Singapore’s SGX Exchange has suffered a number of high profile outages over the past years. Last week another “glitch” hit their systems, further disaffecting customers and traders as well as attracting further regulatory scrutiny It’s clear that confidence in that institution has been shaken and the 4th major disruption to exchange systems availability in less that two years may be the cause of declining trading volumes on this platform.
Futures on the Nikkei 225 Stock Average, which usually open at 7:30 a.m. local time, didn’t start trading on Thursday until about 10:15 a.m. The delay also affected contracts on India’s Nifty 50 Index and iron ore.
The exchange gave little information publicly about what happened. Given the implications, it’s understandable that SGX might prefer to avoid talking about it.
This was at least the fourth disruption at Singapore’s trading venues in the past 18 months. It also happened at the worst possible time, the day after the Nikkei 225 most-active futures contract expired. On these days, known as a rollover, there is heavy activity from investors creating new positions.
The monetary authority responded by asking SGX to investigate, a less forceful approach than the reprimand it issued in 2014, when trading was halted because of a power failure. There’s little need for the MAS to wield a big stick this time. The impact on the exchange’s bottom line should be incentive enough for SGX to act.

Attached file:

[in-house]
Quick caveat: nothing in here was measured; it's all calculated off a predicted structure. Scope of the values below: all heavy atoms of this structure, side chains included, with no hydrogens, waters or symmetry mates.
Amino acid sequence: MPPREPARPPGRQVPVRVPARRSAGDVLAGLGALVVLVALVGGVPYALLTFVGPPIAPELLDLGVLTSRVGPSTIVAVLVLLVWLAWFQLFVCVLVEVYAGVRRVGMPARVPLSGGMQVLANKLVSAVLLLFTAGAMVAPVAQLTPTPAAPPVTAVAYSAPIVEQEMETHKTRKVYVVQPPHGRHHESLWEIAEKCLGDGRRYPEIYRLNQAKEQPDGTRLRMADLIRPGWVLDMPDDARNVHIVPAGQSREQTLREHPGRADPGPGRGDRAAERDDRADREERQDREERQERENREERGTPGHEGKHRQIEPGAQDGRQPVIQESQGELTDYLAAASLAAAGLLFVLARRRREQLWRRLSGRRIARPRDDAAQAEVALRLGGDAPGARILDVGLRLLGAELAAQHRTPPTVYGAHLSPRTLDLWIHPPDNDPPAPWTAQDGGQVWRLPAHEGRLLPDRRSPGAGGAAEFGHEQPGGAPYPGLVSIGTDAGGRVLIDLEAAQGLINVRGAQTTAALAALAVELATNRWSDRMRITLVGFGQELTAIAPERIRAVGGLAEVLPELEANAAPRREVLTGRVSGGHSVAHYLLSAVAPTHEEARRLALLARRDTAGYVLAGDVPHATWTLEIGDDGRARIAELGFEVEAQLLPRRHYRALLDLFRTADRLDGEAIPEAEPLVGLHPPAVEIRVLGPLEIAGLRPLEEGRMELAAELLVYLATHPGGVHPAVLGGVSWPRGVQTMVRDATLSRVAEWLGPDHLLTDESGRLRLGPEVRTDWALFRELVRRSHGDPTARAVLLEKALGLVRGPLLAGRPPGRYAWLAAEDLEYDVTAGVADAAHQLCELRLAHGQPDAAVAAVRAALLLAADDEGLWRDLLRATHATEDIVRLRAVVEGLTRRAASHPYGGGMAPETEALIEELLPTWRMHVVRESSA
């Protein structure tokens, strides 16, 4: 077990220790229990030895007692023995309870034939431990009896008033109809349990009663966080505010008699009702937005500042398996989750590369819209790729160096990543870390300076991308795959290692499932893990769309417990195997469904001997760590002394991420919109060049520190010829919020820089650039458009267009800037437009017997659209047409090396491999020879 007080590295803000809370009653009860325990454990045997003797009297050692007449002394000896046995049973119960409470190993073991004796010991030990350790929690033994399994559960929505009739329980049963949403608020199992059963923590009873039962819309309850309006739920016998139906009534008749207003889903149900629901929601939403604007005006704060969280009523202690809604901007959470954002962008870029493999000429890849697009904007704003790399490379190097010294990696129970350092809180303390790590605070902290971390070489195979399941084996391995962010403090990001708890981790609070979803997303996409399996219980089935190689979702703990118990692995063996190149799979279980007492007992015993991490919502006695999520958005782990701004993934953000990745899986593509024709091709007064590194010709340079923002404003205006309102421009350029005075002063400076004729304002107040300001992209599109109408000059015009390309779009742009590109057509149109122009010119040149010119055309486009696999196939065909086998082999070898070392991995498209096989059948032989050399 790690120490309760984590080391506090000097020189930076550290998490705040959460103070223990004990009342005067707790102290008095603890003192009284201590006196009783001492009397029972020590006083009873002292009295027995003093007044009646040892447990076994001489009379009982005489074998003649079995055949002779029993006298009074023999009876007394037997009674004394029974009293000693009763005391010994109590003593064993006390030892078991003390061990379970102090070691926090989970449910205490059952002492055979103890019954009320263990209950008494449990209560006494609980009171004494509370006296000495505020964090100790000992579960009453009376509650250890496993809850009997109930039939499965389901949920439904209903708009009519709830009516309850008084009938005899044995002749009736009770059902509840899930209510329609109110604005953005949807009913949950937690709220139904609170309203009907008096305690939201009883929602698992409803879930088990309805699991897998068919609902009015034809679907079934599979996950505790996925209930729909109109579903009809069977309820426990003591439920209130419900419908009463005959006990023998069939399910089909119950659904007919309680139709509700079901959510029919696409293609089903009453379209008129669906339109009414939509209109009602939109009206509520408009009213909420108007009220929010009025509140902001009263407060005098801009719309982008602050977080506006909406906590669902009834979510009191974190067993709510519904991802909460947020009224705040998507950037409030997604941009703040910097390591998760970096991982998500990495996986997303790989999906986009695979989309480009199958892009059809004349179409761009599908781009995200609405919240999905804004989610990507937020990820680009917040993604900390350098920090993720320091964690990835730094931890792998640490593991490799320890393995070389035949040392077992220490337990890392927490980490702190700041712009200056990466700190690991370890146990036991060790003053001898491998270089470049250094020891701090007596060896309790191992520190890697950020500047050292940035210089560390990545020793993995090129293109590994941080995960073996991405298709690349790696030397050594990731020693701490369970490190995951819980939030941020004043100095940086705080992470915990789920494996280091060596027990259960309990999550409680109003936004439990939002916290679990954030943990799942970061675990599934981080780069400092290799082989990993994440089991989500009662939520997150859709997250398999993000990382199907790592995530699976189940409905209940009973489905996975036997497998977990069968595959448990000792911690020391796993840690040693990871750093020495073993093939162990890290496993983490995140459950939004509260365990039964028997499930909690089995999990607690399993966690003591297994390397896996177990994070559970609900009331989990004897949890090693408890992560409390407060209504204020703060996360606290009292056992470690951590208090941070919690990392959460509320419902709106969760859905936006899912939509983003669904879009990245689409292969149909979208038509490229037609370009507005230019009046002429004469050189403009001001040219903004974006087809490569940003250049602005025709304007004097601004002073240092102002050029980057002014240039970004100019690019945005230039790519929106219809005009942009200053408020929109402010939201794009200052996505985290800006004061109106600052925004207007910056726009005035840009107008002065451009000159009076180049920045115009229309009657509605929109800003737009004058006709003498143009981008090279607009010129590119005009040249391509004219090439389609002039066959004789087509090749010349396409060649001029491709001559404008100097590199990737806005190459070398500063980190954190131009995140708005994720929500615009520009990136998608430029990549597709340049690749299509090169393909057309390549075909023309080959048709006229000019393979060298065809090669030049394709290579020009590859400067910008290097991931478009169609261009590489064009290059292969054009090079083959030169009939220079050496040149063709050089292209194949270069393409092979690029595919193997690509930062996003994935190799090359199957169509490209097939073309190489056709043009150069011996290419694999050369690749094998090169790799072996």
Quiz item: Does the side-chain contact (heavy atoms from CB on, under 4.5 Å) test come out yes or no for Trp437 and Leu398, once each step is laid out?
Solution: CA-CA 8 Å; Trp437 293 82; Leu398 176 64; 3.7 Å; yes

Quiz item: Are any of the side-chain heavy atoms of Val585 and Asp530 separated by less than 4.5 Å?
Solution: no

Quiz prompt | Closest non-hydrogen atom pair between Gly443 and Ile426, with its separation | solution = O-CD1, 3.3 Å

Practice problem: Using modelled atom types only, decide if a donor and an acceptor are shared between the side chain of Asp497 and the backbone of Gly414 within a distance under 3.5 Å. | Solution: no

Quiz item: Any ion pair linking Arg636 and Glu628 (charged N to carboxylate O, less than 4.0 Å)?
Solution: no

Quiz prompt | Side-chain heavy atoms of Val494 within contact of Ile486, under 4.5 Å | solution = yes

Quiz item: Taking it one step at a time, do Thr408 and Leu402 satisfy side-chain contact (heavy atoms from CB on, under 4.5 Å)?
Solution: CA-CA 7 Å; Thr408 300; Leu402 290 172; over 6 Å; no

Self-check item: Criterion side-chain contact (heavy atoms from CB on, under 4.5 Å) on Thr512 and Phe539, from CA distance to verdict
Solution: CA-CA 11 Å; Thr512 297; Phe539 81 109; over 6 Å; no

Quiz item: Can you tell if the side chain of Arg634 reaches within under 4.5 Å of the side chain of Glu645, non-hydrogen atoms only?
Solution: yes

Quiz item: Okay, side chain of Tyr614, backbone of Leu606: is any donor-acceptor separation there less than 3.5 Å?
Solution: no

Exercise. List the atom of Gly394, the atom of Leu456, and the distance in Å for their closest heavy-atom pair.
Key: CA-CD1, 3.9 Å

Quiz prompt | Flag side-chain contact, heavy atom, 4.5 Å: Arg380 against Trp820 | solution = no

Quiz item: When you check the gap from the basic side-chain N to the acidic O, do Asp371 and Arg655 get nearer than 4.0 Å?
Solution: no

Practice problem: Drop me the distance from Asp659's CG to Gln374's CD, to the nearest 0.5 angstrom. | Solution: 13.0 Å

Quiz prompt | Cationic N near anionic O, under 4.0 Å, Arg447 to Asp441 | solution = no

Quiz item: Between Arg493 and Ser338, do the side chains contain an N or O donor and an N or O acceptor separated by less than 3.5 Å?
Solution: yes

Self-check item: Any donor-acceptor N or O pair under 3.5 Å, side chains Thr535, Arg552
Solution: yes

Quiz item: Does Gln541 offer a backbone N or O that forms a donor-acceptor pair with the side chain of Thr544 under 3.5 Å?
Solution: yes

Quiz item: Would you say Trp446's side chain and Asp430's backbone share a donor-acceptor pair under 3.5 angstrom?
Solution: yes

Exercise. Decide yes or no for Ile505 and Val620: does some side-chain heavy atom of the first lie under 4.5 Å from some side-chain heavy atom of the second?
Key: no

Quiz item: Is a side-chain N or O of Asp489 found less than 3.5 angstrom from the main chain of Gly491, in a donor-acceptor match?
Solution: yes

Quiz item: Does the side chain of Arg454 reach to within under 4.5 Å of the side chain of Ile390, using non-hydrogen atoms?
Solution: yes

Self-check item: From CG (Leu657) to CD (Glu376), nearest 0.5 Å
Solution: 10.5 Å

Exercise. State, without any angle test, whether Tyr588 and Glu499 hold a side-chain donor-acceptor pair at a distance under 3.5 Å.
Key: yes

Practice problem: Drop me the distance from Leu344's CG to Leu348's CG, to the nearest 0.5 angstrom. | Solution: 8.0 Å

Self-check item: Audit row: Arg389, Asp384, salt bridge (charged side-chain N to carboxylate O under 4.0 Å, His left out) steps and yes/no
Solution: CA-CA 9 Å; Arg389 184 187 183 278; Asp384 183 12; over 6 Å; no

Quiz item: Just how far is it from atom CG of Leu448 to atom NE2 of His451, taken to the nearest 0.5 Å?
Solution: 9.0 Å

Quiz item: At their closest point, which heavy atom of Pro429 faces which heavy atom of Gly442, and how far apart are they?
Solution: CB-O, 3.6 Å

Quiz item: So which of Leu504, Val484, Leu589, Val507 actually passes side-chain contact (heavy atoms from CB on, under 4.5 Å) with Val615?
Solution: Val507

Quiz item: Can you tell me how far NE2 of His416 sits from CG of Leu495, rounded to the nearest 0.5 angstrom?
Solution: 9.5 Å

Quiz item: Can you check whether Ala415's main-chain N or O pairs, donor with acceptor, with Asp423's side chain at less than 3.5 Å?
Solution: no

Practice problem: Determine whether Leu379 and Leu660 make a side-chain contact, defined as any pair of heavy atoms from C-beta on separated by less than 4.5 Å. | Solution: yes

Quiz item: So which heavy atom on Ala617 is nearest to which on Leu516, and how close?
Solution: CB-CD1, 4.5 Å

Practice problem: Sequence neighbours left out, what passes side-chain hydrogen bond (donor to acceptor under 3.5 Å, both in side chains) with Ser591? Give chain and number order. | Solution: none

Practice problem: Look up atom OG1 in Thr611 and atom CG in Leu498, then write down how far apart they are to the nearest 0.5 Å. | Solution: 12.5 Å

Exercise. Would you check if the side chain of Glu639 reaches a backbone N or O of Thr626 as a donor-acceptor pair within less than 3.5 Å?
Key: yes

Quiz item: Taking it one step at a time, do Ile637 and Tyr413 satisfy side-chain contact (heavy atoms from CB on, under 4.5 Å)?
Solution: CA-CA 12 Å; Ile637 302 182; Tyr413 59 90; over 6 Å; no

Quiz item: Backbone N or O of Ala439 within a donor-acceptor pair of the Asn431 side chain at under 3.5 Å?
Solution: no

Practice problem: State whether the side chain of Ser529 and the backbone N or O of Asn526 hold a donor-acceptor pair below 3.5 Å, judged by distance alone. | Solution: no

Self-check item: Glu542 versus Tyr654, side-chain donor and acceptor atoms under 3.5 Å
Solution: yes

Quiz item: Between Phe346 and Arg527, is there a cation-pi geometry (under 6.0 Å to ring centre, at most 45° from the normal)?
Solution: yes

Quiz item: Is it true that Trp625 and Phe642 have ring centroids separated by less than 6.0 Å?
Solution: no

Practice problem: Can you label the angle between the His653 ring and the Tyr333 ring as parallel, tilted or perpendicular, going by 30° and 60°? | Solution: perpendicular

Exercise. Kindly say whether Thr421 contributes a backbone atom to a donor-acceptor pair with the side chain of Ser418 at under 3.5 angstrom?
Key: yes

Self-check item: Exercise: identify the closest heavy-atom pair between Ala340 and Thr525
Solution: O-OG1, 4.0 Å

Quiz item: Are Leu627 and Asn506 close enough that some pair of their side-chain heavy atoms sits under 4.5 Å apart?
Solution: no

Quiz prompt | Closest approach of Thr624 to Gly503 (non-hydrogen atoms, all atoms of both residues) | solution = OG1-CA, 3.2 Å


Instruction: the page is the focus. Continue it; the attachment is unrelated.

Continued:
Derivatives are its biggest breadwinner, accounting for 37 percent of revenue in the first quarter of the exchange’s fiscal year. That’s even after a 24 percent drop in volumes from a year earlier.
The decline in trading follows two years of steady and strong growth in that business.
It’s impossible to establish definitively whether the slowdown reflects fallout from the disruptions earlier this year. Euronext also reported a drop in derivatives revenue in the third quarter, which it attributed to reduced volatility. What’s certain is that the latest trading glitch won’t help.
SGX is setting an unfortunate track record here. To re-establish confidence, it must do better than saying the delay was the result of a “specific issue” that was “addressed immediately.” (A near three-hour delay may not be every investor’s idea of immediacy.)
Fail to do so, and its customers may look elsewhere. Business continuity in derivatives is a given. The trading doesn’t have to take place in Singapore.